Autographed Letter signed by Samuel S. CoxInv# AU1420
ALS signed by Samuel S. Cox.
Samuel Sullivan "Sunset" Cox (September 30, 1824, Zanesville, Ohio – September 10, 1889, New York City) was an American Congressman and diplomat. He represented both Ohio and New York in the United States House of Representatives, and also served as United States Ambassador to the Ottoman Empire. Cox was the grandson of New Jersey Congressman James Cox. He was named for his maternal grandfather, Samuel Sullivan, who was Ohio State Treasurer in 1820–1823. Cox attended Ohio University and Brown University, graduating from Brown in 1846. He practiced law in Zanesville and became the owner and editor of the Ohio Statesman, a newspaper in Columbus, Ohio. In 1855, he was secretary of the U.S. legation to Peru. Cox was elected to Congress as a Democrat in 1856, and served three terms representing Ohio's 12th congressional district and one representing the 7th district. After giving an impassioned speech in 1864 denouncing Republicans for allegedly supporting miscegenation (see miscegenation hoax), he was defeated for reelection and moved to New York City, where he resumed law practice. "As slavery was already dead by the bullet, I figured it would be better to stop the bloodshed," he told a crowd seven years later. That mattered more than "the mere empty, abstract ceremonial of burying the dead corpse of slavery." He returned to Congress after winning election in 1868 to New York's 6th congressional district. He served two terms, was defeated by Lyman Tremain in the New York state election, 1872, running for Congress at-large on the state ticket, but was elected to the vacant Congressional seat of the late James Brooks in 1873. Cox was then re-elected six times. In May 1885, Cox resigned his Congressional seat to accept appointment by President Grover Cleveland as U.S. Ambassador to the Ottoman Empire, succeeding Lew Wallace. After serving for a year as Ambassador, he ran for Congress yet again, in a special election to fill the term of Joseph Pulitzer, who had resigned his seat; Cox was once again elected and served from the lower west side of Manhattan until his death on September 10, 1889. During his last term, he was chairman of the House Democratic Caucus.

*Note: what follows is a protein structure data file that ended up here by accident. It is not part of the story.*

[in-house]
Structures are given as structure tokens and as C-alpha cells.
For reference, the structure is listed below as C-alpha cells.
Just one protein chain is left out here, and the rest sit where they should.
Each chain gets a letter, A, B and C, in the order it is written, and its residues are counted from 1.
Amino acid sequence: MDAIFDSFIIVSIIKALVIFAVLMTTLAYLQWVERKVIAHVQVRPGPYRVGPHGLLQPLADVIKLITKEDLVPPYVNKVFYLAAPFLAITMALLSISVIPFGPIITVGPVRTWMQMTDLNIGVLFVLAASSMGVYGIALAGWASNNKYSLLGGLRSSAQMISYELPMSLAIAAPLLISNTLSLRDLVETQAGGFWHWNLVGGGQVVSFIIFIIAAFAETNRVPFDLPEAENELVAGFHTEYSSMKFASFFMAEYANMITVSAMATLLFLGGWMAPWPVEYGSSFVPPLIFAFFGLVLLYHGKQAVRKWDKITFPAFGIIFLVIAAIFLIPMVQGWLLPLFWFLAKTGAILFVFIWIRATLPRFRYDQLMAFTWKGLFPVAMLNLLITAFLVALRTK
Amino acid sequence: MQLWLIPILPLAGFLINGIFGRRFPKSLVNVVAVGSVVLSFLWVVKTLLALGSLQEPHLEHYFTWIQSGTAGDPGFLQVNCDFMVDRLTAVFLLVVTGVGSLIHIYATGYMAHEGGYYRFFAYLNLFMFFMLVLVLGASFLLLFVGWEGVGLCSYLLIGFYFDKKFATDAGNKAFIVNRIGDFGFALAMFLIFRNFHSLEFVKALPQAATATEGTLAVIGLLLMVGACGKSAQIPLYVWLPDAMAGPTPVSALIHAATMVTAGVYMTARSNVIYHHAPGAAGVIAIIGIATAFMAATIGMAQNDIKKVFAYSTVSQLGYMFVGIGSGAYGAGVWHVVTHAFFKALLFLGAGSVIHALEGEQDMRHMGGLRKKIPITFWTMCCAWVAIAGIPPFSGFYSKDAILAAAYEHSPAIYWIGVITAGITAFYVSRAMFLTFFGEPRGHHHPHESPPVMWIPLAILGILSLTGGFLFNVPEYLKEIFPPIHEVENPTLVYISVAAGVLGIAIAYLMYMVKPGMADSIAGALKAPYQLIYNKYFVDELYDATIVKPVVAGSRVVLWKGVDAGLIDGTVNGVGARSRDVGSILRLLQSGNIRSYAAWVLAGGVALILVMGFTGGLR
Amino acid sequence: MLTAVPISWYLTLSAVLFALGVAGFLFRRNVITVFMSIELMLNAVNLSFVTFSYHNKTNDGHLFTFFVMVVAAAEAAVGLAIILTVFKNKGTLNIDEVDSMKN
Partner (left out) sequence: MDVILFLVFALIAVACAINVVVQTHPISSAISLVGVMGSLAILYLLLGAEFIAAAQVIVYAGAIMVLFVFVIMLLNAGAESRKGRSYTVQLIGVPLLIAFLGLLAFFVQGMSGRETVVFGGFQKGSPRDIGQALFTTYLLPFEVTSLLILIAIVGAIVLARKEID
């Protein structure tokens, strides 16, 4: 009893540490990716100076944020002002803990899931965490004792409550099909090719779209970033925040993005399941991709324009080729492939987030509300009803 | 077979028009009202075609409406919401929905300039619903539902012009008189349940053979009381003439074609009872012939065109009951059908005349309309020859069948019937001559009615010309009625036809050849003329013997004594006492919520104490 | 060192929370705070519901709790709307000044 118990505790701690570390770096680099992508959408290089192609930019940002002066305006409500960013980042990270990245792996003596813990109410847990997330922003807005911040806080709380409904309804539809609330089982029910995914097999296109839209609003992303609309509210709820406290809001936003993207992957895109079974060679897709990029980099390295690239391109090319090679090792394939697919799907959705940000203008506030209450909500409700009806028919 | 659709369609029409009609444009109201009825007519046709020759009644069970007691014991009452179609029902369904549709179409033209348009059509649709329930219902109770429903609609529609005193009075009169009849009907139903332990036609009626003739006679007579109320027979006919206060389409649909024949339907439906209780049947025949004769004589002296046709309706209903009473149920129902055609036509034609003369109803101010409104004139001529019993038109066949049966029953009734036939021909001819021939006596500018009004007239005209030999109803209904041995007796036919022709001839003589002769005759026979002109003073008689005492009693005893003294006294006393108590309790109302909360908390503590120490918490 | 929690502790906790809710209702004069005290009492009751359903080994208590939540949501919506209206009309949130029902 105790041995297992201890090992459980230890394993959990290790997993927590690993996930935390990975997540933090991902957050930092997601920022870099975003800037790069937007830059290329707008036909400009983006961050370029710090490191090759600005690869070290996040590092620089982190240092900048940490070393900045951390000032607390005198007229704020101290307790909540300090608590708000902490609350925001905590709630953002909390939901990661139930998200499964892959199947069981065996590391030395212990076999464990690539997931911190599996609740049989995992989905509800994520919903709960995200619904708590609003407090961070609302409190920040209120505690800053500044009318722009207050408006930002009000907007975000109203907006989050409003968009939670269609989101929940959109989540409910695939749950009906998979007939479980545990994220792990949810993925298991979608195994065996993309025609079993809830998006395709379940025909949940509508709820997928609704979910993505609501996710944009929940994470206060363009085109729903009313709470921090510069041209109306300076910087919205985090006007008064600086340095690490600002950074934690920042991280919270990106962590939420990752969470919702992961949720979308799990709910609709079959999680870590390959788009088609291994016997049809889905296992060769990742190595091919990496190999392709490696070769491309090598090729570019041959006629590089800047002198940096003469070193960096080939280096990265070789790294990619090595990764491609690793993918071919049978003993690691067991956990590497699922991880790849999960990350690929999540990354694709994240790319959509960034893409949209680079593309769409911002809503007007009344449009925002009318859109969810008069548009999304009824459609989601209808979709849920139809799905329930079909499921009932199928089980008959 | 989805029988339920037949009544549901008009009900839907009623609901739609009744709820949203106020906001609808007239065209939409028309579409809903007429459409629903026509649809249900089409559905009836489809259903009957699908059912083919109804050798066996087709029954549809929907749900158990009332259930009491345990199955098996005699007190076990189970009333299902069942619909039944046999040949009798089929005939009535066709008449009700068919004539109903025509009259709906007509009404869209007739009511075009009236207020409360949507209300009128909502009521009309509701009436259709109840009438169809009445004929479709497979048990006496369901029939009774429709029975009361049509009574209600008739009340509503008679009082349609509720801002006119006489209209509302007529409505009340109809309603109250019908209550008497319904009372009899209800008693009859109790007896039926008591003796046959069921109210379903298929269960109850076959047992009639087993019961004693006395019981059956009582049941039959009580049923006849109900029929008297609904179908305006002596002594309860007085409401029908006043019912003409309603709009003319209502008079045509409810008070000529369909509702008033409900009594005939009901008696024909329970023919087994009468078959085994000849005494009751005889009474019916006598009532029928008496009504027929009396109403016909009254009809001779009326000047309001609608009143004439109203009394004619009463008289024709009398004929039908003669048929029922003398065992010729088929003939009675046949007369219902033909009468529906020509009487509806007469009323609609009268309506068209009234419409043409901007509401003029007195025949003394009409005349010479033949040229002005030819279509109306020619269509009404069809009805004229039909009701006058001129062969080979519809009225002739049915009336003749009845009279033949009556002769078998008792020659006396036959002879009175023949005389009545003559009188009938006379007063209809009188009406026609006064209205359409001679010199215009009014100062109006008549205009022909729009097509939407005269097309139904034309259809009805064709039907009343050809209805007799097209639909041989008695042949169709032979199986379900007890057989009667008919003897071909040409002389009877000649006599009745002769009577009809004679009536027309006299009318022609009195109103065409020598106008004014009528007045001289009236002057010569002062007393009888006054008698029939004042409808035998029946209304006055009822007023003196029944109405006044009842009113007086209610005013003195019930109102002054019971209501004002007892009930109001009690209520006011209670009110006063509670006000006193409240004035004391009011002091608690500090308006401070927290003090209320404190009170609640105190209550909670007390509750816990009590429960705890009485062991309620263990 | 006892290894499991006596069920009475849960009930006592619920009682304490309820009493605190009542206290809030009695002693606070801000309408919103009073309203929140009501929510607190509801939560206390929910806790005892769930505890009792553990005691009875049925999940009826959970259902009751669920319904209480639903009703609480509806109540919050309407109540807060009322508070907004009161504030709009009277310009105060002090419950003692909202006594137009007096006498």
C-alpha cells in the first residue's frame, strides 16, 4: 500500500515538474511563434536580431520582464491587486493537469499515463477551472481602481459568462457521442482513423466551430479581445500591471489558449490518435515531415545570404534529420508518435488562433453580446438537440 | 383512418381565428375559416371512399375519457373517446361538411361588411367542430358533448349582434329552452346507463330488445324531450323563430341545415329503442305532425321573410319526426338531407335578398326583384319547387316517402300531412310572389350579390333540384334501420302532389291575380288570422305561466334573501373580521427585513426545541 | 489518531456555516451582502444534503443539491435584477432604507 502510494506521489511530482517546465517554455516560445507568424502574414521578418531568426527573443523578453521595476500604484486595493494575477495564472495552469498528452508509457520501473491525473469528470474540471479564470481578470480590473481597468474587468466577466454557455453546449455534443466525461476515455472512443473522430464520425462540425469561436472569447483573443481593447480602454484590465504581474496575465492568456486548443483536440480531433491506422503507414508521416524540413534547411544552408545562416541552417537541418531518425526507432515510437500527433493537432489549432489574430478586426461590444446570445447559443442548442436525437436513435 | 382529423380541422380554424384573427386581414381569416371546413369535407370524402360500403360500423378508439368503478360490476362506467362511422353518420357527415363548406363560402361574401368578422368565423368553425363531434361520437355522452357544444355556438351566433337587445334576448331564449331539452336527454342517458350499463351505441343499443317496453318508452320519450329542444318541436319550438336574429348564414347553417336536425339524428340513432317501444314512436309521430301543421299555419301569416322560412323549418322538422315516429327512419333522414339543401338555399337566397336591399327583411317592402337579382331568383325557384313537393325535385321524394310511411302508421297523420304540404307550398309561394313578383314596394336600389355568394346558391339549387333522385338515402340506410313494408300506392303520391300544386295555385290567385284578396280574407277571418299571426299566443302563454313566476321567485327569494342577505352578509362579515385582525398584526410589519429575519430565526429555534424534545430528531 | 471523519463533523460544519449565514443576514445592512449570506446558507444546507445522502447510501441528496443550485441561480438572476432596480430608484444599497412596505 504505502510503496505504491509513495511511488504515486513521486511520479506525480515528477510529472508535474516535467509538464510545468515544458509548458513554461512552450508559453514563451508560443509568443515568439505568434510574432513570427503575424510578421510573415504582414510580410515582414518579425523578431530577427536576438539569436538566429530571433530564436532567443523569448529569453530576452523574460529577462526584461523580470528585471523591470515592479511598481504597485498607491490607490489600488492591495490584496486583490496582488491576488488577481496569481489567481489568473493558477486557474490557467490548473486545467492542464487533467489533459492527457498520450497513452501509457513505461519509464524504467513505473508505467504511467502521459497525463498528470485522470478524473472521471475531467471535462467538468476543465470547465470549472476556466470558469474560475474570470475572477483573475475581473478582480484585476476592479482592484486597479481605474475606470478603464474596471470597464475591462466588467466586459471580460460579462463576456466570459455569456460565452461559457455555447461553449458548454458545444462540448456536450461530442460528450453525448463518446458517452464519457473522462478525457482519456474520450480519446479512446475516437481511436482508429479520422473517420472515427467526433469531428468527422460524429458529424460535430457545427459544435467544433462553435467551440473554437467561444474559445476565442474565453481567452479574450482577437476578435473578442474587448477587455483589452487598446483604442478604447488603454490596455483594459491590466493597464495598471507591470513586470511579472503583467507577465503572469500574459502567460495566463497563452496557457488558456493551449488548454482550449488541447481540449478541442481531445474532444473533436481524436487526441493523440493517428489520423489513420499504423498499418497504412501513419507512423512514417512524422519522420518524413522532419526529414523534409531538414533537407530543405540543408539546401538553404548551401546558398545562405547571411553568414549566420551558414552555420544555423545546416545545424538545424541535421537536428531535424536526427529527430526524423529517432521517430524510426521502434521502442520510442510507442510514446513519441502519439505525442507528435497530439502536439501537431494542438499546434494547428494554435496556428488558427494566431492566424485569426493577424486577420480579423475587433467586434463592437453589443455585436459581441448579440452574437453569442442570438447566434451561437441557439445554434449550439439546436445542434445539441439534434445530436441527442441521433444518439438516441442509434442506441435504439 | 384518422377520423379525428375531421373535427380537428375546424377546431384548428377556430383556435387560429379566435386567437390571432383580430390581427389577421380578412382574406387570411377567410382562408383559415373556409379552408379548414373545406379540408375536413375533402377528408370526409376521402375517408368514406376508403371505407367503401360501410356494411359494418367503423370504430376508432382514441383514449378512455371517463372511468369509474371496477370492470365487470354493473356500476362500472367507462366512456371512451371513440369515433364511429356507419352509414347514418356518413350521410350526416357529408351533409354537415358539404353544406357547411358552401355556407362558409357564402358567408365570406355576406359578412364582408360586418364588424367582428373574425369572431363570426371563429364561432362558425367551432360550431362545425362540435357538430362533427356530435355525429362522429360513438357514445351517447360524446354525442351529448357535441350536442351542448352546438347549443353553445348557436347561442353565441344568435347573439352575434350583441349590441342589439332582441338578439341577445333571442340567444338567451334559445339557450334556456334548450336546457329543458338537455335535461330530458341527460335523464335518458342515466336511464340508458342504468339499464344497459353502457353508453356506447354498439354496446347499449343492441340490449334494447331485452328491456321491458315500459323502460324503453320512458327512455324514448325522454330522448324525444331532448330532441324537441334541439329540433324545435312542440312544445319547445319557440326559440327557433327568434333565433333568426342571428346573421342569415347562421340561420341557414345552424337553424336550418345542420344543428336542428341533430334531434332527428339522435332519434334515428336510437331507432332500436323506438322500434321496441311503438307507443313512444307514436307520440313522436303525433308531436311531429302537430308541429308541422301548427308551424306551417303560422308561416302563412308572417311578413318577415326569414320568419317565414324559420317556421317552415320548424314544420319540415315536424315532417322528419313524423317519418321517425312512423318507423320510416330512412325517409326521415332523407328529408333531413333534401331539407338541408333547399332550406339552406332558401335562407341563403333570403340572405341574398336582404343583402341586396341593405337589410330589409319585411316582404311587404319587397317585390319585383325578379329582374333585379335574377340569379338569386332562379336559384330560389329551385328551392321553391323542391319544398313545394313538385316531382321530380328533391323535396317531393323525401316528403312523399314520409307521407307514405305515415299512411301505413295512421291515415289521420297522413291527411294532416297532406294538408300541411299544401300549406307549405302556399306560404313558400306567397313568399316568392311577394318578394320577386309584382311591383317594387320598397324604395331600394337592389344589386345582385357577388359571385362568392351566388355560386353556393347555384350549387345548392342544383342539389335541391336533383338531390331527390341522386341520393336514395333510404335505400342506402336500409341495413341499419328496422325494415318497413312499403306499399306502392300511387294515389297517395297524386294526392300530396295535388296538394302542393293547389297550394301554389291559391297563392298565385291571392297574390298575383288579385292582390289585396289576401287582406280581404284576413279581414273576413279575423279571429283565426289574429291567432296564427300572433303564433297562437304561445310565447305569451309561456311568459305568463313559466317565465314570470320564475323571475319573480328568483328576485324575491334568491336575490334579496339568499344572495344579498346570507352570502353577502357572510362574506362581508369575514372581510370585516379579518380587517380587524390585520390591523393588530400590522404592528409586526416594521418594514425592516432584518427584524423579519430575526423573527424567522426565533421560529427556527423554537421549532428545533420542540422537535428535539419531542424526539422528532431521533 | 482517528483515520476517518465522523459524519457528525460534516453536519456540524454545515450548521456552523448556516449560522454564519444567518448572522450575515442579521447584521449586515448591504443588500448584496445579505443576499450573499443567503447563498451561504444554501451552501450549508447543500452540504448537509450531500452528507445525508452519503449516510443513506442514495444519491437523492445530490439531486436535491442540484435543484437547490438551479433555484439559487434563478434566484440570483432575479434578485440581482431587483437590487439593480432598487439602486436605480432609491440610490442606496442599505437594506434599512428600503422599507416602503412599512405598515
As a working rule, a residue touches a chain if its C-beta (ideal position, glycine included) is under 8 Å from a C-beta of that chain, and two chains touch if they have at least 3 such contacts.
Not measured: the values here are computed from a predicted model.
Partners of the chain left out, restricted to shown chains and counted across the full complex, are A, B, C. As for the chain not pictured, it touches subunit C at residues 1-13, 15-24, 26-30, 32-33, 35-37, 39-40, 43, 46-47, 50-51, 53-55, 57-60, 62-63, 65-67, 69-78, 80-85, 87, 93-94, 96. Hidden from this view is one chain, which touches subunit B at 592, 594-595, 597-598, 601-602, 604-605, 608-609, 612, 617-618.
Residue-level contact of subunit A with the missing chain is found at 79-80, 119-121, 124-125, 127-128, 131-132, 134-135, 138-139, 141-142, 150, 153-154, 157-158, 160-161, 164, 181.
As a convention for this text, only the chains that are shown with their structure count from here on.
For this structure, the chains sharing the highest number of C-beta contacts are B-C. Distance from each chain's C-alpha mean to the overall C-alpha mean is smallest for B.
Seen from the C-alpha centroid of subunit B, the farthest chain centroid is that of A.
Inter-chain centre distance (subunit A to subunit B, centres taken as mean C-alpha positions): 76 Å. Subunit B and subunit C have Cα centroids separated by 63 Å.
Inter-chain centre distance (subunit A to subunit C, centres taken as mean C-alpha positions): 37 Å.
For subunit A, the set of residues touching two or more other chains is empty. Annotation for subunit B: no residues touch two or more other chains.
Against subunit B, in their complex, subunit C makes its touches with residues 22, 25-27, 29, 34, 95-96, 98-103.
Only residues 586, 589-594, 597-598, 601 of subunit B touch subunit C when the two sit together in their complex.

Tammany Hall elected Cox to Congress in New York, and it kept him there, but he was never part of the stealing. "Mr. Cox is ... almost the only honest man I know who passed through a portion of the Tweed Ring period," another politician said later. Cox was a supporter of civil service reform and westward expansion. In 1858, he was one of the Democrats who broke with the Buchanan White House and opposed admitting Kansas as a state under the Lecompton Constitution. Later, he became a powerful critic of high tariffs — a stand that played well with his merchant constituents in a leading commercial city — and a supporter of railroad regulation. Whimsically, he suggested that those keeping the high tariff duty on coal should lay a heavy duty on the sun, as a dangerous competitor in warming people up. COX STATUE, IN ASTOR PLACE He was a backer of the Life Saving Service, later merged into the United States Coast Guard. He was also known as the "letter carriers' friend" because of his support for paid benefits and a 40-hour work week for U.S. Post Office employees. In gratitude, postal workers raised $10,000 in 1891 to erect a memorial statue to Cox in New York City. Made by sculptor Louise Lawson, it was originally placed near his home on East 12th Street but was later moved to its present location in Tompkins Square Park. It depicts Cox orating and has been criticized as a poor likeness. He was known as an eloquent public speaker, though his wife wrote many of his speeches. His nickname "Sunset" came from a particularly florid description of a sunset in an article in the Ohio Statesman. James H. Baker, then the editor of the Scioto Gazette, a Whig newspaper in Chillicothe, gave him the title "by reason of a highly wrought and sophomoric editorial on a flaming sunset after a great storm." Cox wrote several books including Why We Laugh, A Buckeye Abroad (1852), Eight years in Congress, from 1857 to 1865 (1865) and Three Decades of Federal Legislation, 1855-1885 (1885). His colleagues appreciated him most for his ready sense of humor, usually gentle rather than cutting. Indeed, some of them thought that his joking quality may have kept him from becoming Speaker of the House, because, for all his hard work and studious habits, he was not taken seriously. "In his political action he seemed more anxious to annoy his opponents than to extinguish them," Congressman George S. Boutwell of Massachusetts wrote, in a typical dismissal. "His speeches were short, pointed and entertaining. He was a favorite with the House, but his influence upon its action was very slight. Those who acquire and retain power are the earnest and persistent men. When Cox had made his speech and expended his jokes he was content. The fate of a measure did not much disturb or even concern him." Others who served longer with him realized that Cox also had the grit and parliamentary skill to make a formidable adversary in debate. Speaker of the House Thomas Brackett Reed said, "in action he was a whole skirmish line, and has covered more movements of the Democratic party, and led it out of more parliamentary pitfalls than any of its orators and all its leaders put together.